Rainy Day Reads #7 – Skippyjon Jones

Centred On Kids Skippyjon Jonesl  January is Family Literacy month and libraries across the country have been celebrating the joy of reading with library users of all ages.  Fancy Pants Kids has been bringing our costume and story workshops to branches of the Toronto Public Library throughout the month.  We have been reading from some of our favourite books about imagination and imaginative kids.  Today we share another from our reading list – Judy Schnachner’s Skippyjon Jones books.

skippySkippyjon Jones is a fantastic character that kids and parents can both adore – a siamese kitten who thinks that he is a chihuahua! Skippyjon has a rich imagination and can be counted on to get into some epic-sized pickles while pursuing his fantastic adventures (which often happen in his closet).  His sidekicks are a posse of rainbow-hued chihuahuas and he often wears a supercape and bandit mask.  The cadence of the text is incredibly fun to read and you will find yourself falling into an accent – whether you are good at them or not!  Every adult reader will find their own way to read the little verses that comeIMG_1595_2 up in every book along with a great ‘clap-clap’ that the kids can help with.

Skippyjon Jones came onto my radar several years ago when my sister-in-law informed me that the Supercape I had made for my nephew had become part of his Skippyjon Jones halloween costume.  I had to check it out and I was hooked!

Check the author’s website for links to a Skippyjon Jones iPad app.

Check the Toronto Public Library website for Family Literacy Day events.

Arming Caps for the Royal Ontario Museum

This week brought another fun little project for the Royal Ontario Museum.  Those who have been there with kids will be familiar with the two heavy authentic-looking metal knights’ helms that can be tried on in the dress-up area of the Discovery Galleries.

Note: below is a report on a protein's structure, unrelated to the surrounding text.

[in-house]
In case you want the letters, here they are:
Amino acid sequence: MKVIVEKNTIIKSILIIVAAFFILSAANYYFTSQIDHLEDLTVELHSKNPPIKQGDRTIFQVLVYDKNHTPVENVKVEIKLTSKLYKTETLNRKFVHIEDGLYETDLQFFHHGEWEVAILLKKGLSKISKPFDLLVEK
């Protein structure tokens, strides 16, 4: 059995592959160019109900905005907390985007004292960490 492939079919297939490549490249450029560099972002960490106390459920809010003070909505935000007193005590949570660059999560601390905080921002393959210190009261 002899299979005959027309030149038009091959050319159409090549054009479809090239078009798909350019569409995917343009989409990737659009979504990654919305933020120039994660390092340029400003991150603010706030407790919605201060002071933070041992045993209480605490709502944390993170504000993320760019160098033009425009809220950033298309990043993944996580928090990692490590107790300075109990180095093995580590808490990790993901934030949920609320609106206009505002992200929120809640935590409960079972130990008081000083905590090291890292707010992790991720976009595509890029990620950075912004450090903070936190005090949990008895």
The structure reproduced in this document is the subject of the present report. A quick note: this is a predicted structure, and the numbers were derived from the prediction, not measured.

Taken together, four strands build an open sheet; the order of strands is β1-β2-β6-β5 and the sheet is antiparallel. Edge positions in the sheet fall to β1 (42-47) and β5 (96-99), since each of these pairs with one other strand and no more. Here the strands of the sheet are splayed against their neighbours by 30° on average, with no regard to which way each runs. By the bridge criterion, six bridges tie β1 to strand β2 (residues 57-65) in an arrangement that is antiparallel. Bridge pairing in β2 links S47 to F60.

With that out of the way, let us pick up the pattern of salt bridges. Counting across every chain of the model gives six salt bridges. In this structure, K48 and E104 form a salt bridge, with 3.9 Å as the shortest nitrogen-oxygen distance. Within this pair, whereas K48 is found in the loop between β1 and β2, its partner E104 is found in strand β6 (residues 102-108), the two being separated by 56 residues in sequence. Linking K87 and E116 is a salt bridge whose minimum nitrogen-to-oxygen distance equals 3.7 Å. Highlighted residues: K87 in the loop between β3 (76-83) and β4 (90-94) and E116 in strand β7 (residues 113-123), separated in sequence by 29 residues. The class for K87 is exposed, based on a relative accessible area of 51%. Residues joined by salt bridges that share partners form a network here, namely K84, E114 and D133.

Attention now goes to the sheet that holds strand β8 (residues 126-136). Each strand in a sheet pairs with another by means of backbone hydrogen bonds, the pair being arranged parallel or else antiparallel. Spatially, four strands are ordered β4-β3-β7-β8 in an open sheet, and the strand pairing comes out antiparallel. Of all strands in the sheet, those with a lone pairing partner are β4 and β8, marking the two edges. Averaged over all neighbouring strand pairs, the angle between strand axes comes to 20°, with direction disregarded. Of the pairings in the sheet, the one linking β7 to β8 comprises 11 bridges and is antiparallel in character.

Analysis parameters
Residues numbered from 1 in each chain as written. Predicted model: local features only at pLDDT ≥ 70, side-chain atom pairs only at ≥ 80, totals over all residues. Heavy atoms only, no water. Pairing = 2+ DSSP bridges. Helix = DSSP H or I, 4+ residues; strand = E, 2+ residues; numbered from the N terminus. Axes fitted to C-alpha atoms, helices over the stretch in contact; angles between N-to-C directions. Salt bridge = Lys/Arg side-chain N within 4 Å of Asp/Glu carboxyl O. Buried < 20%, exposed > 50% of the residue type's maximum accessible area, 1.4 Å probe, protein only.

My commission was to create two arming caps – based on the traditional padded cap that was worn underneath the heavy helmets in battle.  Presumably these arming caps provided cushioning, insulation, absorbed sweat and allowed a better fit.  Due to the high volume of wear at the museum and the need for easy sanitation, traditional materials were not practical for this project.  To meet the rigors of museum use and to outwit those teeny-tiny little creatures that make parents and teachers crazy (lice) I needed to find a way to create the traditional design using PVC-Free polyurethane.

Traditional arming caps look suspiciously like baby bonnets, so I took ample inspiration from the beautiful children’s bonnets made by Patouche. I created a pattern that would fit all children and small adult heads as well.  As usual this involved bringing a prototype to the school yard  at pick-up time to try on a half-dozen or so eager volunteers.

Once to the ROM to try the prototype on some kids with the helm and I was ready to cut and sew the final product.  A slice of thin carpet under-padding took residence inside the bonnet before the final seam was closed and ‘voila’!

Have fun with the new and improved knights helms next time you’re at the museum!  We’d love to see your photos.